According to career writing author, Seth Godin, we fail when we stick with tasks we don’t have the guts to quit. This made me think of both work and relationships.
Stuck in a career path
There have been times when I continued to do a job a certain way, because that is how I learned to do it, even though my efforts were getting me nowhere. I remember working late hours fielding calls from agitated clients and putting out fires on projects gone awry, when I worked for a hospital consulting firm as a young twenty-something. I never got ahead of the curve. I was always catching up with the problems and the work. The issues directed my attention and effort.
Young and inexperienced, I thought my opinion was insignificant and I did not even dare come up with proactive solutions. I was a subordinate, not a leader. Also, I did not have the guts to voice my concerns or complaints to leaders — only equally subordinate co-workers. Eventually, I had the guts to quit the job, but interestingly, I took on another one that essentially put me in the same subordinate, fire-chasing position. I did not have the guts to quit my follower behavior. I did have the guts to persevere.
My upbringing and fitness training have instilled a deep importance to persevere through difficulty. So much so, that I now recognize a strong bias in me against people who give up (in my opinion) too easily when the going gets tough. That truly grinds my gears.
Knowing when to quit
Seth Godin makes a point though when he says knowing when to quit is also a competitive advantage. Many of today’s young adults feel they have to go to college, choose a major as soon as possible and focus on filling their resumé with relevant experience to that field. For example, say a college student decides on biochemistry as their major. They take all of the required classes, do a summer internship that aligns with the biochemistry field, graduate and search for a job that matches their studies and experience. Most parents would applaud that path. But what if the student finds out during the summer internship that they are really more inclined to study physics or bioengineering? Do they have the guts to quit and shift their focus to the other field or should they persevere on the path they have put so much time into?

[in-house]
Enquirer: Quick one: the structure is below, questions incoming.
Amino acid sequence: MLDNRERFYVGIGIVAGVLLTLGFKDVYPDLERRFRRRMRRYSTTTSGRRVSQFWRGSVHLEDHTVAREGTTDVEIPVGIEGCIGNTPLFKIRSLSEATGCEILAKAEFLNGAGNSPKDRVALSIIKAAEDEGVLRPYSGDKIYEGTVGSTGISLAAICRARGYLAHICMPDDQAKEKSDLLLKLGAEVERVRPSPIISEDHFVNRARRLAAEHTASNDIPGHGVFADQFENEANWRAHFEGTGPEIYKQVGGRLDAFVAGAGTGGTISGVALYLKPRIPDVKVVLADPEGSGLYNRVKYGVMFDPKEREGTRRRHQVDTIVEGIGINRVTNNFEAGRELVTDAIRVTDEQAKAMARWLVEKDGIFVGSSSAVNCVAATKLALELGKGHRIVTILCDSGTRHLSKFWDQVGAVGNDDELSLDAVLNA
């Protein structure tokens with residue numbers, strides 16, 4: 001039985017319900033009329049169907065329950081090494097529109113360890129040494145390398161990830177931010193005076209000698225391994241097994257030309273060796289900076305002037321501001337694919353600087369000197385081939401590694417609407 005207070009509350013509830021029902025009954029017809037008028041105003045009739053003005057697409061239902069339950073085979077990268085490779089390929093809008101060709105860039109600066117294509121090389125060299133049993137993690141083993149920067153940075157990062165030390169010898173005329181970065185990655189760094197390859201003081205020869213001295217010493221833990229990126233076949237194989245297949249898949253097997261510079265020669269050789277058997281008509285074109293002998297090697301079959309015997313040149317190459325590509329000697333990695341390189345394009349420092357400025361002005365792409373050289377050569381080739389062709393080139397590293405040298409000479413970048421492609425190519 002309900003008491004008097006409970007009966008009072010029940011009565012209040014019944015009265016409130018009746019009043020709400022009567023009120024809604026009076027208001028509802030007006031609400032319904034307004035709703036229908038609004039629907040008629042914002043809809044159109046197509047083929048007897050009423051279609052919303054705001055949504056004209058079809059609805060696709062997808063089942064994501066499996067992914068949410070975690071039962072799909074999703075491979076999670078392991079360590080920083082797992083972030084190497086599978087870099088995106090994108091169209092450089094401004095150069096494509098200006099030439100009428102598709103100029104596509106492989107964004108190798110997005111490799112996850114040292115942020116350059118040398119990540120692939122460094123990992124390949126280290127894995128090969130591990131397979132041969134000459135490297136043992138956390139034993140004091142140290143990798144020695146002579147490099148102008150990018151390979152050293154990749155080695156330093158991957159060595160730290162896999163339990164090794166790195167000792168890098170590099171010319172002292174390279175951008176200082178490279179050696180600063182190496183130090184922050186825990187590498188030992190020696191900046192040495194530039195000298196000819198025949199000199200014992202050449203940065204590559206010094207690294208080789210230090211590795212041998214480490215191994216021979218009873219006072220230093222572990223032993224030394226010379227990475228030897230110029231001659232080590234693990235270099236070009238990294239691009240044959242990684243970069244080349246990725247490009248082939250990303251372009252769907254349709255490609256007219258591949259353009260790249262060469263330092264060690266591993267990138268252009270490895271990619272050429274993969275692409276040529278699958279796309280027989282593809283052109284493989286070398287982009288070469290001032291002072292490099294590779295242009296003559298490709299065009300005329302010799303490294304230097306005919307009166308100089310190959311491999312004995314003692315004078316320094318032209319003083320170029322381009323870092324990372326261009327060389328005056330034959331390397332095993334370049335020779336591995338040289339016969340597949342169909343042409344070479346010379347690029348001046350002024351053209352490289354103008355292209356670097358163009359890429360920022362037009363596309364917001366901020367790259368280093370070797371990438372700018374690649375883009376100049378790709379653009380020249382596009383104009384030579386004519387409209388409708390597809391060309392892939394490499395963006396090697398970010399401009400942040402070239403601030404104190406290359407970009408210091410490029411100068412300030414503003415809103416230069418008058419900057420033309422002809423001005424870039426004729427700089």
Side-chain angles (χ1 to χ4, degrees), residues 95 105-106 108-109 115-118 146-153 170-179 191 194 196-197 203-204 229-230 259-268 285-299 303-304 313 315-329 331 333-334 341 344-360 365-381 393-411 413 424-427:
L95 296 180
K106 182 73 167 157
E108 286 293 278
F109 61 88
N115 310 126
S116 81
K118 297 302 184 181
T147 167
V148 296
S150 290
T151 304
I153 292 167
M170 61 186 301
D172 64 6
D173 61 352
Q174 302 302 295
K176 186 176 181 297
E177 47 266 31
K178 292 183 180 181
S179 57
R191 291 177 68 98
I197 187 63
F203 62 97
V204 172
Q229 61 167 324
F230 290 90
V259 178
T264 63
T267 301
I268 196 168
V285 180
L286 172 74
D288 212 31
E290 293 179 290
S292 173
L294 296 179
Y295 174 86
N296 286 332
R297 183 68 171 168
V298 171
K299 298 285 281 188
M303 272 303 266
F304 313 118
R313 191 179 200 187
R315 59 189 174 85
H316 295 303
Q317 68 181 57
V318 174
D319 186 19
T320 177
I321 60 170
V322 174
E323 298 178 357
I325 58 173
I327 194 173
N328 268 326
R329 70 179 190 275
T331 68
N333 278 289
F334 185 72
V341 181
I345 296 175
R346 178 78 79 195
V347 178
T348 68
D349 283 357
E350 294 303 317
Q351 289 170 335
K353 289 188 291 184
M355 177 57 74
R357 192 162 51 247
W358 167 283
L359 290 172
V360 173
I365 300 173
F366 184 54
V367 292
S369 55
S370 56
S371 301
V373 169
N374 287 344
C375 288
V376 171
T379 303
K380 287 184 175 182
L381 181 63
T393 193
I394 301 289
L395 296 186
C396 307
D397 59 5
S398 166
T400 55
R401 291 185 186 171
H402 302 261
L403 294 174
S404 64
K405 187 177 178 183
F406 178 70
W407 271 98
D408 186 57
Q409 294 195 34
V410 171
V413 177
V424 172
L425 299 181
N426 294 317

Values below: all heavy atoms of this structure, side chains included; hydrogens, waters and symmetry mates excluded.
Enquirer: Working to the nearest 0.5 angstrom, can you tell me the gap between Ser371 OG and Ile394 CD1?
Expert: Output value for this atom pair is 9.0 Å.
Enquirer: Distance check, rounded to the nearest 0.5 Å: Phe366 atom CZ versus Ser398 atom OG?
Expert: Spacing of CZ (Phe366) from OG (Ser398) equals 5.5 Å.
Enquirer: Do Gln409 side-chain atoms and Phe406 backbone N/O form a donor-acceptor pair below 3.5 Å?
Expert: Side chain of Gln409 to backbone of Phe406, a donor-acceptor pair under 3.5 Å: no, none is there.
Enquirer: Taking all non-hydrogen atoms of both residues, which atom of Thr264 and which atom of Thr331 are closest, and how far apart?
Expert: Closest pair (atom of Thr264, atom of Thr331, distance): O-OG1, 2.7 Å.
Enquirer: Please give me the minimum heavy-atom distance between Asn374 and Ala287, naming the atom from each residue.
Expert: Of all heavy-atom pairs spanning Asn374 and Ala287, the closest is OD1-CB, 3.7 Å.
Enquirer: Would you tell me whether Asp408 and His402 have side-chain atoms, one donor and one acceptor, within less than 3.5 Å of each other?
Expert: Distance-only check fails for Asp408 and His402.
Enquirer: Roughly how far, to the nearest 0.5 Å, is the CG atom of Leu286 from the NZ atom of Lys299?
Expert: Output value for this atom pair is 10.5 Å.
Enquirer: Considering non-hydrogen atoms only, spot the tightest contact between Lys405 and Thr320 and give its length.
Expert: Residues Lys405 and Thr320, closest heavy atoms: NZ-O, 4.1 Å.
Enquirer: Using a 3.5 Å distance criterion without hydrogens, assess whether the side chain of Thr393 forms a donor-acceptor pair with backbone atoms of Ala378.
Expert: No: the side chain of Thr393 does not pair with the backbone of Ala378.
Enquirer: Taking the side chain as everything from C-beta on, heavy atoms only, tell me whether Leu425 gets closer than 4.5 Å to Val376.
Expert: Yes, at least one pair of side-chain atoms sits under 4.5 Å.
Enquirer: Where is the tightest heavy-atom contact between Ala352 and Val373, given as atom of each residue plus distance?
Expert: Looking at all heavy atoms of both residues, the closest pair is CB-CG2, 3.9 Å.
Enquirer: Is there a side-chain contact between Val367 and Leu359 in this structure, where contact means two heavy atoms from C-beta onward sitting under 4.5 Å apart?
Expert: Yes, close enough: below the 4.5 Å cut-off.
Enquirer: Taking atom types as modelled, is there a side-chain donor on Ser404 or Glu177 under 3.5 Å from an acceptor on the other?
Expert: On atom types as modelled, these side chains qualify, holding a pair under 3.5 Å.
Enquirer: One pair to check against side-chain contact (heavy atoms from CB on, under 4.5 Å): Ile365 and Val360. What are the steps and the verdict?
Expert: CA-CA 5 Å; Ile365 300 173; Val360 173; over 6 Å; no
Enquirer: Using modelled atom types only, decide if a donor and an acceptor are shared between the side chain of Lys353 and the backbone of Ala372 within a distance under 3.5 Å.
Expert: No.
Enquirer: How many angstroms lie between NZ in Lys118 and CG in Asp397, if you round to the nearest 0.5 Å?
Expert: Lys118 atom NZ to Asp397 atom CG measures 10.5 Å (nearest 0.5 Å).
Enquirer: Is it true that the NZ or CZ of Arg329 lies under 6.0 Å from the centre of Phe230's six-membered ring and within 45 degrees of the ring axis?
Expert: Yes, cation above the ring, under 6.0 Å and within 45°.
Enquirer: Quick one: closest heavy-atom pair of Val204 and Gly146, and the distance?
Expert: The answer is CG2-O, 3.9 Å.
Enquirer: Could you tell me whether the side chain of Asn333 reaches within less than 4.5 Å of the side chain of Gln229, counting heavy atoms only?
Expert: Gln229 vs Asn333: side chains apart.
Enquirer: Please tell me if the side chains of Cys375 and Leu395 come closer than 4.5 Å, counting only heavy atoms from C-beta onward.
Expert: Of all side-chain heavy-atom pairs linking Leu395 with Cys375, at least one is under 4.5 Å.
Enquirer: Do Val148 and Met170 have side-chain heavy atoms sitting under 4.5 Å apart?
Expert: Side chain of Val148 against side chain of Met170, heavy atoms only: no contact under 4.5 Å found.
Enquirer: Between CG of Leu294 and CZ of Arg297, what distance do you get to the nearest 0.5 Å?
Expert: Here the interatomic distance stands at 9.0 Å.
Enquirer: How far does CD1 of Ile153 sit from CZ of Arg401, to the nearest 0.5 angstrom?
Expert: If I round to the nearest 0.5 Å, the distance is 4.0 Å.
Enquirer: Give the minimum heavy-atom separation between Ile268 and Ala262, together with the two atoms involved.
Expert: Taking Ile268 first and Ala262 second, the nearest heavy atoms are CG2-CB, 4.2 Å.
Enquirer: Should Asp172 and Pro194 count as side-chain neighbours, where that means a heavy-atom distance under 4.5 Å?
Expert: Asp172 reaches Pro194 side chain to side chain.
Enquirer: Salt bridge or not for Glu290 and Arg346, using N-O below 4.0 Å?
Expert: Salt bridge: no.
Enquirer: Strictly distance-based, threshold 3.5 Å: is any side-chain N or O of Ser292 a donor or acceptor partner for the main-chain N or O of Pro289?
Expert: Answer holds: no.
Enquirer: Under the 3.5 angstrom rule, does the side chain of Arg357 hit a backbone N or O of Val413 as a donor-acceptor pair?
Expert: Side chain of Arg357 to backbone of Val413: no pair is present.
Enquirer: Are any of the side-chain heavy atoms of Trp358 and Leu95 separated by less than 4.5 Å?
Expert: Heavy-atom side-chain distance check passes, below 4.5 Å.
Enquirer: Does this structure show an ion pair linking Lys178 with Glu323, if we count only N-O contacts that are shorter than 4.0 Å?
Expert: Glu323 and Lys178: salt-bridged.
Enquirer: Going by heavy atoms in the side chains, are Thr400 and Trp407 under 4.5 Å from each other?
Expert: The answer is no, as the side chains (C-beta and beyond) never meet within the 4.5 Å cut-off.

As a parent of college-aged kids, I completely understand the frustration of having a child switch majors deep into their college education. It is expensive. It looks like the kid is indecisive, but are they possibly just more aware of a better fit for them?
How to know when to quit
In David Epstein’s book, Range: Why Generalists Triumph in a Specialized World, Seth Godin suggests we enumerate conditions that would make us quit before we undertake an endeavor. He says the important trick is to stay attuned to whether switching is a failure of perseverance or an astute recognition that better matches are available.
Relationships and quitting
Since relationships are my biggest fascination, I had to tie the above advice to them as well. The last time I was in the dating world, I read somewhere that we should write down what we are looking for in a mate. Keep those traits in mind as we navigate the dating labyrinth. My two biggest requirements were: 1. A willingness to grow and work in a relationship (Dr. Stan Tatkin of Wired for Love recommends this) and 2. Kindness to others and positivity. If those were missing, I moved on.
My husband has both of those traits. The willingness to grow and work in our relationship demands that we both demonstrate an ability to persevere through hard times. I do not believe there is a better match for me.
Are you failing to persevere or failing to quit when necessary? Was there a situation in your life when you should have thrown in the towel earlier?
If you want to learn how to persevere in your relationships, look into my online course: Attachment: Moving from Insecurity to Security in Relationships.